by Marion Nestle
Mar 31 2014

New book: Childhood Obesity

Kristin Voigt, Stuart G. Nicholls, Garrath Williams.  Childhood Obesity: Ethical and Policy Issues.  Oxford University Press, 2014.

 

 

I gave this one a blurb:

A well-researched, highly critical, but carefully balanced examination of everyday assumptions about childhood obesity and its prevention from an intensely moral perspective.  Although the authors demonstrate that no intervention is without ethical complications or effective entirely on its own, they call for immediate actions to reduce the stigma of childhood obesity, support parents, and create food environments healthier for children, adults, and the environment.    

  • http://ahealthyelf.com/ Liz

    I really want to read this! I work as a kindergaten enrichment teacher and the chocolate milk they serve the kids has 22 grams of sugar in it! I cringe when the kids order it! The last thing a 5-6 year old needs is sugar!

  • http://www.the10principles.com/ the10principles

    Childhood obesity is a tricky topic. My complicated relationship with food (that lasted from when I was 13 to 23 years old) began when someone close to me told me I’d gained weight over the summer. (I used to run a lot each day during the school year and had spent 6 weeks in the back of a station wagon on a summer car trip, eating hamburgers for lunch).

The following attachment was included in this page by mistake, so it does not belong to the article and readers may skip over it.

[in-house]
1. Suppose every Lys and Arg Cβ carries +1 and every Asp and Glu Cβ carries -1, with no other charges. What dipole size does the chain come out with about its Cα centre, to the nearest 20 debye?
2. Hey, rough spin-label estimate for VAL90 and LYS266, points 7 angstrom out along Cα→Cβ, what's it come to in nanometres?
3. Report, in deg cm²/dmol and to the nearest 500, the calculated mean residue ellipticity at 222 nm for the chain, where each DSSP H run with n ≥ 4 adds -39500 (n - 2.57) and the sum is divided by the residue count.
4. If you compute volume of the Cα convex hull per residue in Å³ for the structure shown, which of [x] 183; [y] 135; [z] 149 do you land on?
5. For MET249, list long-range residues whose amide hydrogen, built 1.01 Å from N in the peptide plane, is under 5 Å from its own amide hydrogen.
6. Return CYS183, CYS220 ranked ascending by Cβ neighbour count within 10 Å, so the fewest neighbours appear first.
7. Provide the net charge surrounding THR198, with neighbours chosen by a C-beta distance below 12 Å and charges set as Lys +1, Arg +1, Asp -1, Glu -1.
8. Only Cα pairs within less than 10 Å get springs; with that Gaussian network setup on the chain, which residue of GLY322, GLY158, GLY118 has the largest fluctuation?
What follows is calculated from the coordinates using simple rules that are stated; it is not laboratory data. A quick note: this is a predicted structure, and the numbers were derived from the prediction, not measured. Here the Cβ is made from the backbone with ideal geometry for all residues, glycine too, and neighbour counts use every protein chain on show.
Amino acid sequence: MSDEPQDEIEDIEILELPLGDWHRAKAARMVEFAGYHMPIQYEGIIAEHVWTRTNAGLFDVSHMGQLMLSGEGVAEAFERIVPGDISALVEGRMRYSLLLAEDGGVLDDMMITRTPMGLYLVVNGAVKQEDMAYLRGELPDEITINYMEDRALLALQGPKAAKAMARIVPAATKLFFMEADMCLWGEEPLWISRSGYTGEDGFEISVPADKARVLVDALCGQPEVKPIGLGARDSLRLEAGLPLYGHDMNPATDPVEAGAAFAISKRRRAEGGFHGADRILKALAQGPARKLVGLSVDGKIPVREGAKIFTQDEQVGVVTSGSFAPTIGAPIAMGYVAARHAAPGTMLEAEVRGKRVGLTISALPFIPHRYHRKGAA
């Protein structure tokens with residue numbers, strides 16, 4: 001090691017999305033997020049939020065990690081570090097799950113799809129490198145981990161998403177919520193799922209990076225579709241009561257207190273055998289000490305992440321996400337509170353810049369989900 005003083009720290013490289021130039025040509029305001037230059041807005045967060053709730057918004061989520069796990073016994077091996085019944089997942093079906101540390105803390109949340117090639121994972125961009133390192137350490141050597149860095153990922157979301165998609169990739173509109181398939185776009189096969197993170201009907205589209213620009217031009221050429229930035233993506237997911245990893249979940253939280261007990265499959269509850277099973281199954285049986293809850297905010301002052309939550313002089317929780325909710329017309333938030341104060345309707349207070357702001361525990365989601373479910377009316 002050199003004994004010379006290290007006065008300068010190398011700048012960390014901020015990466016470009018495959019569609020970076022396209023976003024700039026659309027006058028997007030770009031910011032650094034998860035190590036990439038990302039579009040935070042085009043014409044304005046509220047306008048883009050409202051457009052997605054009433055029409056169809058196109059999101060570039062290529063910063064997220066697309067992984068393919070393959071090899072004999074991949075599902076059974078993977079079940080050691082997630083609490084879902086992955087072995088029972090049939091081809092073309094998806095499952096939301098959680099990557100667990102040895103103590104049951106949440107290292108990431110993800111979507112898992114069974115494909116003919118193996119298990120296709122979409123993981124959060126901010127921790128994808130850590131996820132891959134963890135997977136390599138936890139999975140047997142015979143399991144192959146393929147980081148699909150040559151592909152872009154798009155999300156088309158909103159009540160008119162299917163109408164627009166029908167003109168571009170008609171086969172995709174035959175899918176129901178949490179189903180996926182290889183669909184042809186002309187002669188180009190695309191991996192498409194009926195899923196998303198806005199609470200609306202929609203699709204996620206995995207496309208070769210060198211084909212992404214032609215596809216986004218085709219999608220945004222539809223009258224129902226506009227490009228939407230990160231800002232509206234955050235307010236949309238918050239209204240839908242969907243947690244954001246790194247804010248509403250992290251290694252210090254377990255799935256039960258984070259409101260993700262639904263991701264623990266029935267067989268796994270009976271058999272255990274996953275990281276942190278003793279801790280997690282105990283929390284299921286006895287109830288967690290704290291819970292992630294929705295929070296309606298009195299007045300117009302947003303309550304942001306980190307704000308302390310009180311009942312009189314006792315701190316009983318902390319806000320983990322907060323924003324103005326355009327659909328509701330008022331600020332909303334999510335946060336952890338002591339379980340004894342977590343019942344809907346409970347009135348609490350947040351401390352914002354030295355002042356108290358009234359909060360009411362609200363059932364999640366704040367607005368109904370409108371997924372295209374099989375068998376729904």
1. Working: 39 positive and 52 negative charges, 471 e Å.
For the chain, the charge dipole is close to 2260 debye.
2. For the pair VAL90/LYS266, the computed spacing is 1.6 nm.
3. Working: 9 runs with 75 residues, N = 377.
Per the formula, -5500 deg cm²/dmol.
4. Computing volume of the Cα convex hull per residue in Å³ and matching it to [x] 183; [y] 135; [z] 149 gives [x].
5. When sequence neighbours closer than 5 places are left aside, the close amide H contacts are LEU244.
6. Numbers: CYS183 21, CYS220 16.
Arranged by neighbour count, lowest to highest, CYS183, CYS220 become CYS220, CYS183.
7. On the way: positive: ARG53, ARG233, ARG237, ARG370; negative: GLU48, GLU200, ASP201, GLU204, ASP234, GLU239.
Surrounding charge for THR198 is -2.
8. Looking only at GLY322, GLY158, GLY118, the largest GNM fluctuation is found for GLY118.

Had I just returned to my non-summer routine of being on the cross country team at school and eating my regular packed lunch, I would have returned to my pre-summer weight pretty quickly. But instead I threw myself into dieting by collecting every rule, tip and trick I could come across. In the end I gained more weight and tons of bad habits.

    My niece had a similar experience last year except the weight comment rolled off her and she didn’t think of it again. Since then she’s grown 3 inches and returned to a healthy weight.

    While neither of us were obese I can now see as an adult what a delicate topic weight loss is with young people and how we need to focus on slowly modifying kid’s unhealthy habits rather than focusing on their extra weight.

  • Anna Bordignon

    Childhood obesity is a worldwide problem and one that must be owned by parents and the legislators. Over at http://www.munchcooking.com we are trying to do our bit and part of that is we run an annual Food awards http://www.munchawards.co.nz which parents vote on best and worst kids food. The most interesting section is the deceptive marketing section. A big part of what we are trying to do is link public sector with the homegrown private sector. Anyhow we should all take a role in this. Anna Bordignon